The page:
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Cancelled classes cause problems for students, departments

At the beginning of this semester, students who were intrigued by the listing for HI102: "Medieval Spain: Land of Three Cultures" in the Course Announcement Bulletin might have gotten a surprise when they went to shop the class - it had been cancelled.

This cancellation was not unique to the history department. Throughout the University, classes are canceled each semester because of problems with faculty availability.

According to Registrar Michael Pesta, lack of student interest rarely causes a course to be cancelled. Instead, departments typically cancel courses when faculty are unavailable to teach them.

A professor might become unable to teach a course if he or she receives a research grant, retires or teaches a graduate course instead, in place of a retiring professor, said James McClain P'07, chair of the Department of History.

The problems students and departments have with cancellations arise mostly because of the timing of the Course Announcement Bulletin's publication, McClain said. Academic departments submit materials for publication in the CAB 12 to 18 months before the semester begins. At that point, it is often impossible to tell whether faculty will be available to submitted courses.

The percentage of sections of classes cancelled this semester is about the same as the 5 percent cancelled in past semesters, Pesta wrote in an e-mail to The Herald.

But some departments have been hit harder than others.

Of about 60 sections scheduled in the history department for this semester, 13 were cancelled, including four junior seminars. McClain said his department was forced to cancel courses because a large number of professors left for the semester to do outside research. Also, the department faced a number of unexpected retirements, he said.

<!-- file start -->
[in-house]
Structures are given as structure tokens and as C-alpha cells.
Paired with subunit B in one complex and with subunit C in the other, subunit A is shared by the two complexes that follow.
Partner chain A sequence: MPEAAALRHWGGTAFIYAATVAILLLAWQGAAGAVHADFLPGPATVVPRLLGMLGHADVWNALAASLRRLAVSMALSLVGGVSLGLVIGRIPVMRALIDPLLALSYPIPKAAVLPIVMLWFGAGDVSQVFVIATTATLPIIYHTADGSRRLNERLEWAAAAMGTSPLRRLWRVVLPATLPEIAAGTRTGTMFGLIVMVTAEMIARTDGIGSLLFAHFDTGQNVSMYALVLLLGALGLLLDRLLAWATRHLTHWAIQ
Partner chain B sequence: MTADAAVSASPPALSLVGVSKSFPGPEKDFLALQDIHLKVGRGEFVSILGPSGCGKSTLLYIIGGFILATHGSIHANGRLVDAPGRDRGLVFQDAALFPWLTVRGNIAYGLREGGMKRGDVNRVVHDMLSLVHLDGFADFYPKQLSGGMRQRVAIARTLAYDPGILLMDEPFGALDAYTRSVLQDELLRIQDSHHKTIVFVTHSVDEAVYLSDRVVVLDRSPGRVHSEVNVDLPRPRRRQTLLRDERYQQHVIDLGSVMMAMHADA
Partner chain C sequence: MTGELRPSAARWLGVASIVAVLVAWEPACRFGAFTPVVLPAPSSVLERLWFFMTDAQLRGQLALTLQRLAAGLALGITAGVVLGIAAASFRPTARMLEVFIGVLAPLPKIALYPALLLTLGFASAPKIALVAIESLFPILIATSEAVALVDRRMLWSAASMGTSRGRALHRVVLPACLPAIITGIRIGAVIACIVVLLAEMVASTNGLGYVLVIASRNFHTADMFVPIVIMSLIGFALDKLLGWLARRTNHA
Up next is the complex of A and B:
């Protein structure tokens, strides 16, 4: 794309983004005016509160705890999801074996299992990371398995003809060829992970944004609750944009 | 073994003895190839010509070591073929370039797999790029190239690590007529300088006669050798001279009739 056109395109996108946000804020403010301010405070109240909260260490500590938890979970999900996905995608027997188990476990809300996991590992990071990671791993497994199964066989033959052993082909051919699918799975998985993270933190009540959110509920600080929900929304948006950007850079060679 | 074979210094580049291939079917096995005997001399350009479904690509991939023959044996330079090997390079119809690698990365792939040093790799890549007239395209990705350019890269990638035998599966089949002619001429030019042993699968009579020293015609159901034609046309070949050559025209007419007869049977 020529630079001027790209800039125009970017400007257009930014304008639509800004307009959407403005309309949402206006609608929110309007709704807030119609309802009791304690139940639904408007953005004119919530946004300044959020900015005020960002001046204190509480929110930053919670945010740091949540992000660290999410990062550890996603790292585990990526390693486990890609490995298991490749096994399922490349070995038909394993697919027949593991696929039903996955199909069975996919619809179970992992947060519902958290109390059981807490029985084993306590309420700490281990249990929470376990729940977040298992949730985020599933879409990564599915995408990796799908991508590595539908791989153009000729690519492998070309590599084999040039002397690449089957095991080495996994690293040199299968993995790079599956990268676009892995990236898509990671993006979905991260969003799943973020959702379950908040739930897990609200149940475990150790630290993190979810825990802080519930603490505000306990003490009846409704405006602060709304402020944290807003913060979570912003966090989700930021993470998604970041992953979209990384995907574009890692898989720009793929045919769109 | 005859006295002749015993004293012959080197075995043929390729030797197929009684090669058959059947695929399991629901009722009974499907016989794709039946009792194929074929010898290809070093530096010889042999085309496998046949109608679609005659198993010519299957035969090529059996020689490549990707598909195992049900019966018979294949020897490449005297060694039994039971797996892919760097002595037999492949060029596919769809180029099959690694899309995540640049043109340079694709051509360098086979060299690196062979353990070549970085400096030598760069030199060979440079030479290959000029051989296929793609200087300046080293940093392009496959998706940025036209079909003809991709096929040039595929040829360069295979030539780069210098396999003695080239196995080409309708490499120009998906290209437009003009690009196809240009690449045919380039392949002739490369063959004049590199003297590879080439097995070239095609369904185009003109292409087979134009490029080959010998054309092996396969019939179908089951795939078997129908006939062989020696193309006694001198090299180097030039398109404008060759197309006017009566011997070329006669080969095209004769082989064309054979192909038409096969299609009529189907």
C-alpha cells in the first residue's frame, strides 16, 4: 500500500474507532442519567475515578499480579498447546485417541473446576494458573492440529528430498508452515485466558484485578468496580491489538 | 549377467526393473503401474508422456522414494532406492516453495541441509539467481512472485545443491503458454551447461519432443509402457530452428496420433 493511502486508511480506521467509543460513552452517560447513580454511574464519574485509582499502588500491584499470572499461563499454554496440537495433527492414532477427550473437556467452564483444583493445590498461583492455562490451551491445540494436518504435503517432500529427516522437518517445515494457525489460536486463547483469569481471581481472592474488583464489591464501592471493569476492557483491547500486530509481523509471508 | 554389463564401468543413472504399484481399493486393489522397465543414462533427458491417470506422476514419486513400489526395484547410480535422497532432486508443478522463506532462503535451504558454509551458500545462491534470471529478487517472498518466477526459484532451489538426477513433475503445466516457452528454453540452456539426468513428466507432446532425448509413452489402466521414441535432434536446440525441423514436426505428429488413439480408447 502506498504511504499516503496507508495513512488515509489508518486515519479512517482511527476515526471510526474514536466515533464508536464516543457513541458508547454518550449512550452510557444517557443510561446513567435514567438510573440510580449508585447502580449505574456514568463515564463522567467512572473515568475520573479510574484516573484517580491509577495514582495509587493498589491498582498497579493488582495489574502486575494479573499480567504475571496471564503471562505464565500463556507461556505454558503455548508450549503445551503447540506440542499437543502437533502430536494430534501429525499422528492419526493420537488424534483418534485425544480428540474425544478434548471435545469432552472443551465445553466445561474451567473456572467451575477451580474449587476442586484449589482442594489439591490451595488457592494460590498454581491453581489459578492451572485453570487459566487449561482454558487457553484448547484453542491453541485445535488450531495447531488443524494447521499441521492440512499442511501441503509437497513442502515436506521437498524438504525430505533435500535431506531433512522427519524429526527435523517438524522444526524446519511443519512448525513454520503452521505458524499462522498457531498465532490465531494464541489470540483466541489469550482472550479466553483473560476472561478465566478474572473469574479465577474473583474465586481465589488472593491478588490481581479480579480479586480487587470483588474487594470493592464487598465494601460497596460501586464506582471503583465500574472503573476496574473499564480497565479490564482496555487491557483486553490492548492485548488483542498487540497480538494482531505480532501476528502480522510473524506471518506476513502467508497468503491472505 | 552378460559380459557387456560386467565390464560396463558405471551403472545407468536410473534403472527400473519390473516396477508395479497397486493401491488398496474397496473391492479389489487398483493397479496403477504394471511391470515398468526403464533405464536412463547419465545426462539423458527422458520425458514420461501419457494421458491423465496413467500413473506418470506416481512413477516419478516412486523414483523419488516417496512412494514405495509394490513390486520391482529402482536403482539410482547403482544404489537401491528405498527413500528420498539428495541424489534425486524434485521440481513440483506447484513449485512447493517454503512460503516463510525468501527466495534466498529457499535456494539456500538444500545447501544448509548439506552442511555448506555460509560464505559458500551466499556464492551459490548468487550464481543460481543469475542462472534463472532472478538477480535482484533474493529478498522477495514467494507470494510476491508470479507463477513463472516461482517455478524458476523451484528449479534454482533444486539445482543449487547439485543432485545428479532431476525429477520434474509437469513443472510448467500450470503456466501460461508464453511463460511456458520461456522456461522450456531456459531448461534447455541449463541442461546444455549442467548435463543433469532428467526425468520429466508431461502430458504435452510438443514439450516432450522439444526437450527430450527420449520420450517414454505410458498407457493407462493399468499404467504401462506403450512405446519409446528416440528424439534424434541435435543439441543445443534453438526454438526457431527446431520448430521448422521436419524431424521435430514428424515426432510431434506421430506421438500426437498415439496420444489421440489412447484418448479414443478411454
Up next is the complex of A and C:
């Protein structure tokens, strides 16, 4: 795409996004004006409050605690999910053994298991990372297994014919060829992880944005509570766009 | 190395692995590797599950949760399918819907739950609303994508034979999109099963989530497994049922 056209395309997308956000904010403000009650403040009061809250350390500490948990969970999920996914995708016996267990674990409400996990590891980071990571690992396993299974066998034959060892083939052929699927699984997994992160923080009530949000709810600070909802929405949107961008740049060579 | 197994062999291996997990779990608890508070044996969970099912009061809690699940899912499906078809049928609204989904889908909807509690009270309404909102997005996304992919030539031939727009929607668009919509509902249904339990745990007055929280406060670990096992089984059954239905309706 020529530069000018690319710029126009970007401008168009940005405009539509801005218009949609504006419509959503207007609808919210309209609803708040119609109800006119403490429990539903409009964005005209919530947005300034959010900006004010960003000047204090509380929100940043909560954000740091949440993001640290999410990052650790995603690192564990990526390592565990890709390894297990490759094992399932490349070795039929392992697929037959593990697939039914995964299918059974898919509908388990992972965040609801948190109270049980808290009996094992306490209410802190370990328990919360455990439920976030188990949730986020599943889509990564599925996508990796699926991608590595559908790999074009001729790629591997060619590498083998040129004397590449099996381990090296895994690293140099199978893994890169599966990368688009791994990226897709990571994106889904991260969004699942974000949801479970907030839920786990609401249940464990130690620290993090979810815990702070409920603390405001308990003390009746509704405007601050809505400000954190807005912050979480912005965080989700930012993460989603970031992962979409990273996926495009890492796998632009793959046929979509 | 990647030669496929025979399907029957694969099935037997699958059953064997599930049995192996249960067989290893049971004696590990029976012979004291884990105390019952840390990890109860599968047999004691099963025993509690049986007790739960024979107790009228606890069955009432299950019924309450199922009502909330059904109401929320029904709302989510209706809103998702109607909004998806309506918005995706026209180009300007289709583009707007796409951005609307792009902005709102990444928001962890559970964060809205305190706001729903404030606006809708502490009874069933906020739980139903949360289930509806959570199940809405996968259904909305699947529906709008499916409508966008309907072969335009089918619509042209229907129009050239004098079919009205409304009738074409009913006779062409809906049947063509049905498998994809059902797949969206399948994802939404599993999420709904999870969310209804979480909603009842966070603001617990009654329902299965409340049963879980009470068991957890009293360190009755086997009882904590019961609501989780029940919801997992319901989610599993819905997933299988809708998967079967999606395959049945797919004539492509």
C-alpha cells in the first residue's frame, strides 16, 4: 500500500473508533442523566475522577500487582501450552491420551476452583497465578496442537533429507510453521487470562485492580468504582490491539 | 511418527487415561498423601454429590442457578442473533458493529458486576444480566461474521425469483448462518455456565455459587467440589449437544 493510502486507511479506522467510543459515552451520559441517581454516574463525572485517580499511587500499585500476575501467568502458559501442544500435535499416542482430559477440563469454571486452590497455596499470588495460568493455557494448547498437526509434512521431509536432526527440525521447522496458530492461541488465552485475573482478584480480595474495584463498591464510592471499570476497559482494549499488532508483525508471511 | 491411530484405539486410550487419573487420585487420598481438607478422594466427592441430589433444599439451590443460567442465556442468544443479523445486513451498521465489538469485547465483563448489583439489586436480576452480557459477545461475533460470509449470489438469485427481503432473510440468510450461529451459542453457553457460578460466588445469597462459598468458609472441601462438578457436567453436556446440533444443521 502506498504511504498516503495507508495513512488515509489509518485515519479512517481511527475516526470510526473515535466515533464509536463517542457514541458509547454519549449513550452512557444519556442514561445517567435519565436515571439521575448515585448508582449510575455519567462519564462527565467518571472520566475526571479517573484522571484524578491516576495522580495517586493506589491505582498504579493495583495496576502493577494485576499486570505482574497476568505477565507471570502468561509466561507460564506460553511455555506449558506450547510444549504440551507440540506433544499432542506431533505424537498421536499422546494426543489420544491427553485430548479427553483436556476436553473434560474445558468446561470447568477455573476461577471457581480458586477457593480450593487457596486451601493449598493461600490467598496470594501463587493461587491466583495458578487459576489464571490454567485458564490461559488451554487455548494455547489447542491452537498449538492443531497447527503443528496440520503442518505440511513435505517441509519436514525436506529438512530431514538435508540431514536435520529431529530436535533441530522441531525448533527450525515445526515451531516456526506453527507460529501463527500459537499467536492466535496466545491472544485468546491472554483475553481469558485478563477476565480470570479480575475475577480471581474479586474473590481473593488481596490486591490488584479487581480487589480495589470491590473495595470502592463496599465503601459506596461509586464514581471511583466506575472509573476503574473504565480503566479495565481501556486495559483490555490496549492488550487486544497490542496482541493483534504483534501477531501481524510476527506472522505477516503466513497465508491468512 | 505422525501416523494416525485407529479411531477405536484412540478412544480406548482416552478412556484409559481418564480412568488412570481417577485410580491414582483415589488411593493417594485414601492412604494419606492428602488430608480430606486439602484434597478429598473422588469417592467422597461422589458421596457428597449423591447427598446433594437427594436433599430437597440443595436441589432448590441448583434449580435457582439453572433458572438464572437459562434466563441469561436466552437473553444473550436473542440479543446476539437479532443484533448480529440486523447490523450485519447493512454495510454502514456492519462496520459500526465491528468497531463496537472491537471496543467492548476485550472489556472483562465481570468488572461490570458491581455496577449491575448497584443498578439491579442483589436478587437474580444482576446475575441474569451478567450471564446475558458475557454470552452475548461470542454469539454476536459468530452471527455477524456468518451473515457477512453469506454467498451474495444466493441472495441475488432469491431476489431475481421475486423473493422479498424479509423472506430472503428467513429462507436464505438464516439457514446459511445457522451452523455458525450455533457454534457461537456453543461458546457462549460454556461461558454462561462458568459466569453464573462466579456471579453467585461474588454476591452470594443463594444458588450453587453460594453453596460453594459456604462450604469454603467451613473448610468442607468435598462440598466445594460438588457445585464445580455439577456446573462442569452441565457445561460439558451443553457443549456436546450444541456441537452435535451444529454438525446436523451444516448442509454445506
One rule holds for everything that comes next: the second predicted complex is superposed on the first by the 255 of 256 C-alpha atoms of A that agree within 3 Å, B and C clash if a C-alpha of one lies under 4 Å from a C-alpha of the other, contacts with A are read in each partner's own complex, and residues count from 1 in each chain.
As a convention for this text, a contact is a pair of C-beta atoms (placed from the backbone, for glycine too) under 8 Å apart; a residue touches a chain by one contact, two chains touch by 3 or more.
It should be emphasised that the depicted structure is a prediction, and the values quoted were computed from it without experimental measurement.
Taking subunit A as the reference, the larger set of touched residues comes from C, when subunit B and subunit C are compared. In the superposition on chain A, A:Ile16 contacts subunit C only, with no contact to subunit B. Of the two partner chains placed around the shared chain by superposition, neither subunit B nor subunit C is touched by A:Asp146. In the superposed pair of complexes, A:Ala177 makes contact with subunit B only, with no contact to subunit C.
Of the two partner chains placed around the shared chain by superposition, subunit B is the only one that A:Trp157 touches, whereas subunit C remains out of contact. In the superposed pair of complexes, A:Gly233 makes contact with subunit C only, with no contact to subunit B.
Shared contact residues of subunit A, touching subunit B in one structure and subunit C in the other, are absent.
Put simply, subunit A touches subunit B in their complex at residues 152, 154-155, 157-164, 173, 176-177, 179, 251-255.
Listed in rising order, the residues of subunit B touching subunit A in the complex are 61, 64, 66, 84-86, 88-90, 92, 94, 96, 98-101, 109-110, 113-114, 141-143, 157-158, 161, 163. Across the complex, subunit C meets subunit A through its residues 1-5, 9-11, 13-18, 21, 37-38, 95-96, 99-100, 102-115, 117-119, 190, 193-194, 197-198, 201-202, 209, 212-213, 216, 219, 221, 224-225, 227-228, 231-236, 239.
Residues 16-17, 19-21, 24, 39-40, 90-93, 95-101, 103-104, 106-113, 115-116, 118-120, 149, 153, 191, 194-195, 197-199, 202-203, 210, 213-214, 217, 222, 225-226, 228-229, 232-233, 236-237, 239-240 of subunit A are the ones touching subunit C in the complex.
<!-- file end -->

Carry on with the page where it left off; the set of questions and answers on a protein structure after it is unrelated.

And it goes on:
When a professor retires, the department begins a job search for a replacement. If the job search fails, the University provides funding for a visiting professor to teach two courses, forcing the department to cancel at least one other course, McClain said. Full-time professors teach an average of four courses per year.

Even if the job search is successful, the new professor may have a different area of expertise than the retired professor, forcing the department to replace scheduled classes with ones in the new professor's field, McClain said.

McClain said the History Department's need to offer specific graduate seminars can also affect the availability of professors to teach undergraduate courses. Because the history department is required to offer a minimum number of seminars to graduate students, undergraduate courses are often cancelled to make faculty available to teach them, he said.

The visiting professors Brown hires to replace faculty on leave often have experience teaching undergraduate courses but lack experience with graduates, McClain added.

The decision to cancel courses is ultimately up to the individual academic departments, and each department has a different protocol for canceling courses. Nancy Armstrong, chair of the Department of English, said the English department does not cancel undergraduate courses so that professors can teach graduate courses.

When an English seminar for graduate students is under-enrolled, the department will sometimes open the seminar to undergraduates, she added.

Armstrong said the English department typically will cancel a course if fewer than six students are in attendance at the end of the first week of shopping period. If the cancelled course was slated to be taught by a graduate student, the graduate student is usually re-assigned to assist with an overenrolled course.

Armstrong said the classroom environment is an important consideration in canceling courses. A seminar with only three students can be just as ineffective as an over-enrolled section of a lecture course, she said.

"(The English department doesn't) want to cancel courses. It's a bureaucratic nightmare for us," she said. Typically, the departments adds more classes than it cancels, she added.

Nathan Schneider '06 said he was disappointed to find that an English class he had planned to take had been cancelled. "It would be nice to know why," he said.

Schneider said he would have liked to try to mobilize students to get the course reinstated if it had been cancelled because too few students signed up for it.

But Pesta said it is "pretty rare" for a course to be cancelled because not enough students pre-register for it. The registrar's office tries to notify students, either by e-mail or by mail, when a course is cancelled, he said.

Online registration, scheduled to begin with the Fall 2005 semester, will make it easier for students to determine which courses have been canceled, Pesta said.




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